I have a question related to mobile compatible websites, I have seen two type of websites

One in which they adopt traditional website look and adjust website according to mobile screen, if they have lot of information which can not be adjust according to screen then they expand the height of page, so that user can scroll the page to see more information...

In the second approach they used native application look means use navigation-bar, tab-bar, tool-bar, scroll-view just like in native applications. Height and width of page adjust according to screen size, if they have more information then they use scroll-view etc...

My question is: which approach is better then other, in which approach you feel more comfortable to use website.

  • This might be better suited for the User Experience stack exchange. But alas, I lack the reputation to be allowed to vote for a move. – Benjamin Kloster Jun 25 '12 at 18:40
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    @BenjaminKloster, thanks for the information, I didn't know about "User Experience". I'll use your suggested website next time. – Siddiqui Jun 25 '12 at 18:47
  • As it currently stands, this question is not a good fit for our Q&A format. We expect answers to be supported by facts, references, or specific expertise, but this question will likely solicit debate, arguments, polling, or extended discussion. If you feel that this question can be improved and possibly reopened, see the FAQ for guidance. – user7519 Jun 25 '12 at 23:57
  • @BenjaminKloster you don't vote for a move to anything but meta and stackoverflow, you flag using other and let the moderator know what you think needs to be done. – user7519 Jun 25 '12 at 23:58
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    It's a bit too open-ended a question for ux.se really. Now, if you have a specific use-case (i.e. is a mobile website or an app more appropriate for a popular banking site) then that'd fit in more with ux.se. Currently the only real answer here 'Well it depends on what the purpose / audience of the app/site is'. – JonW Jun 26 '12 at 13:14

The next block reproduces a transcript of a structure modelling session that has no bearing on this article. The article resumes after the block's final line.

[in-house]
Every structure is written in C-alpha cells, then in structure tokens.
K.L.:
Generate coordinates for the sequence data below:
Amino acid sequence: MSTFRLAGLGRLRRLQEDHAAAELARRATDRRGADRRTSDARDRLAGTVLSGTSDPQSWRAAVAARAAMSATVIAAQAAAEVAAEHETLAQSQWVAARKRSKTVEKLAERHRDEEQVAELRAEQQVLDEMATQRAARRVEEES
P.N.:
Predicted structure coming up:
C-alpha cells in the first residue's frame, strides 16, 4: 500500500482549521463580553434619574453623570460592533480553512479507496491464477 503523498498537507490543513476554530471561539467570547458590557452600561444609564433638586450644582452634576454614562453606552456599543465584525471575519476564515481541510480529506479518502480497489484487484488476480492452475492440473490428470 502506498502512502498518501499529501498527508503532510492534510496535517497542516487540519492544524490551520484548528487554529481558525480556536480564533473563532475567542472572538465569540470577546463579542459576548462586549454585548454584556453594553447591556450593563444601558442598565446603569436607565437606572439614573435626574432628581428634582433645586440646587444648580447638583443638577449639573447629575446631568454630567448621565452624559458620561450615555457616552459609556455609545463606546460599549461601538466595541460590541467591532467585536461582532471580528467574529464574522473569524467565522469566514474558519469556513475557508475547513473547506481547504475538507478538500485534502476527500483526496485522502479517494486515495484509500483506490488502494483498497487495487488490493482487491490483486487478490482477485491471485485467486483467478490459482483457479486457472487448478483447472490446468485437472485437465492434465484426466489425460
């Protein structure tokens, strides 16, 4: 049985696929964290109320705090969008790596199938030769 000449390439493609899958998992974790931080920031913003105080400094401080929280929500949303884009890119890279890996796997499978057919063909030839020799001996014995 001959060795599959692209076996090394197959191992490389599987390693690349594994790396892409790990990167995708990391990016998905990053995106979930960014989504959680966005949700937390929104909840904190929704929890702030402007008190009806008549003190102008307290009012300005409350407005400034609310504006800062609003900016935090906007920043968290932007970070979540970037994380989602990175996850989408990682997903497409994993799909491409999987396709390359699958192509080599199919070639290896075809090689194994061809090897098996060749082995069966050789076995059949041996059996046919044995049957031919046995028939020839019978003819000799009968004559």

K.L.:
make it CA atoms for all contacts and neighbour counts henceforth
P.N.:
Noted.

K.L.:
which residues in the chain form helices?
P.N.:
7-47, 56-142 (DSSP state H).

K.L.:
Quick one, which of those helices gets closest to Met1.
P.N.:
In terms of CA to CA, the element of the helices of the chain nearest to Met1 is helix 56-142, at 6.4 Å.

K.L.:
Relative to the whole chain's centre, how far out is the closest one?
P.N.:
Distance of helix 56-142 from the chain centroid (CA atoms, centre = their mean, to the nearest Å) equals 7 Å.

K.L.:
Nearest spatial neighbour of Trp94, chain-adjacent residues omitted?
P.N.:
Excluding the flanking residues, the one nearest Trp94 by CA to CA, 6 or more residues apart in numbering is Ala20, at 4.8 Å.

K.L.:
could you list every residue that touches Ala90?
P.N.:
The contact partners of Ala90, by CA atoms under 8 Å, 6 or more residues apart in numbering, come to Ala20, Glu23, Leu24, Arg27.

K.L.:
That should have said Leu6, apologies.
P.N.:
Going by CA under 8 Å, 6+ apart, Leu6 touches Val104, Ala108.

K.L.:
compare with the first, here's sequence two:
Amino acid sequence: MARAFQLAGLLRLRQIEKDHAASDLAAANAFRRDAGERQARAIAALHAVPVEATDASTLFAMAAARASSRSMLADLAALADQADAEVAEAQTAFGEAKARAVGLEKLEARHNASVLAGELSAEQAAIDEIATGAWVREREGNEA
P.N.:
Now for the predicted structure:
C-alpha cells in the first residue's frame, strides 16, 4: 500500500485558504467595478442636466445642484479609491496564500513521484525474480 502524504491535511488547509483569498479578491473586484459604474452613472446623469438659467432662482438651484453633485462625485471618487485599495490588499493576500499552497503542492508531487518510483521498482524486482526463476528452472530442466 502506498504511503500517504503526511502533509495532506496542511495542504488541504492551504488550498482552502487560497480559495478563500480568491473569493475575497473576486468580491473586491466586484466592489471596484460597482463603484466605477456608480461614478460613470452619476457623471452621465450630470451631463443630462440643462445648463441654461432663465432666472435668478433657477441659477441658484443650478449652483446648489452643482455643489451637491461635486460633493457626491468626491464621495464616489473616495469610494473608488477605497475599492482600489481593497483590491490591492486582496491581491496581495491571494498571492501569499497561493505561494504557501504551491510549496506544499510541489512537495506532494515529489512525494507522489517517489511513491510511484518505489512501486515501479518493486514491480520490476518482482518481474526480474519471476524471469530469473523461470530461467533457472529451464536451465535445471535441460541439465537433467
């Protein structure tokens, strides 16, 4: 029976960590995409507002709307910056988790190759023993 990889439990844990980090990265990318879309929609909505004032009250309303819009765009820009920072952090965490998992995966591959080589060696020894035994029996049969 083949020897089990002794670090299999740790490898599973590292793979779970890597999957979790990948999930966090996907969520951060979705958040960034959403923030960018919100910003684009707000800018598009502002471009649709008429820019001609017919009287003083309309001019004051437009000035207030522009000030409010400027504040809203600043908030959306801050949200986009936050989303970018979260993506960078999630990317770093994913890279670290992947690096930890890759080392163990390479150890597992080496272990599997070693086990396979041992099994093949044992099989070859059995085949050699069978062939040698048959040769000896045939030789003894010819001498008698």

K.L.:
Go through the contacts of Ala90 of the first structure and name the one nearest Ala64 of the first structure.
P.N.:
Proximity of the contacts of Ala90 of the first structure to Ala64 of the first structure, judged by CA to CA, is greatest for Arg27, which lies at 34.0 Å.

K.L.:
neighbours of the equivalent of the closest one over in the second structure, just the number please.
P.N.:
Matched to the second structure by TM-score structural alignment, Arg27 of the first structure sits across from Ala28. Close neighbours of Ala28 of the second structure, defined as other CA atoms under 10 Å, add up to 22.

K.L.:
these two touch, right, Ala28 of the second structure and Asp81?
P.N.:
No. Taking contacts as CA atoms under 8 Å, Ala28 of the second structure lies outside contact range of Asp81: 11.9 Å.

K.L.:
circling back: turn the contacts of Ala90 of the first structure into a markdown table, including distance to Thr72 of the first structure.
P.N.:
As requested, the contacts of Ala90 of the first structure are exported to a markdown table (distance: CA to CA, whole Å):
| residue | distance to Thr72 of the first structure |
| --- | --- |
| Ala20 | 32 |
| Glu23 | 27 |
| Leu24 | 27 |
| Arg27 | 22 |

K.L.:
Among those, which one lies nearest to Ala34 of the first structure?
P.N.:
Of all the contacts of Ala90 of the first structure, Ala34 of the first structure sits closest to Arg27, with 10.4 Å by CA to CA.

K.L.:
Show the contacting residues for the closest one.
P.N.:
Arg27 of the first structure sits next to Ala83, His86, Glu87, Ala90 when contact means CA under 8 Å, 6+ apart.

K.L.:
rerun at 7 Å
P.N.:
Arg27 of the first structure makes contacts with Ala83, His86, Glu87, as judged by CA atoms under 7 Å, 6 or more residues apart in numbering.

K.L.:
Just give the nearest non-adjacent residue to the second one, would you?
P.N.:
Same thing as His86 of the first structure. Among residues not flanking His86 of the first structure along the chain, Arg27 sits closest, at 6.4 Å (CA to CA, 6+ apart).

According to the recent trend in mobile development, it is better to make the mobile website look and feel as the traditional one. There is no need to create a native app if mobile site does not use video/audio intensively.

Of course, mobile website will display only main body/part of the traditional website, while hiding left/right and all additional sections, due to the screen width limitations. In this way, support and maintainability of each(mobile/web) sites will be more manageable with less resources in long run.


If you are talking about mobile sites and mobile applications, then here interesting research Mobile Sites vs. Apps: The Coming Strategy Shift. In short, Jakob Nielsen recommend to build Mobile application if you have a budget for it, but he predict, that in future mobile version of site will be more preferable solution.

Basanta Tandon in presentaion: Mobile Site vs. Apps – Comparison and Best Practices propose a little bit another view on this problem. He propose to build native application in following cases:

  • 2-10% of your visitors are coming via the mobile devices
  • There’s a need for built-in hardware features
  • Focused marketing in an App store

In my opinion, it's good to build mobile application for website. But It should be as an additional features, not just to provide another way to access website information. Mobile application can really different usability and application developers should use this to improve loyalty of audience.


Twitter's Bootstrap is an attempt to provide a boilerplate to help you answer that in one website smoothly. Great concept, but if you already have the site designed, it can be absurd to try and implement.

I tried doing that for mine and gave up after a week...

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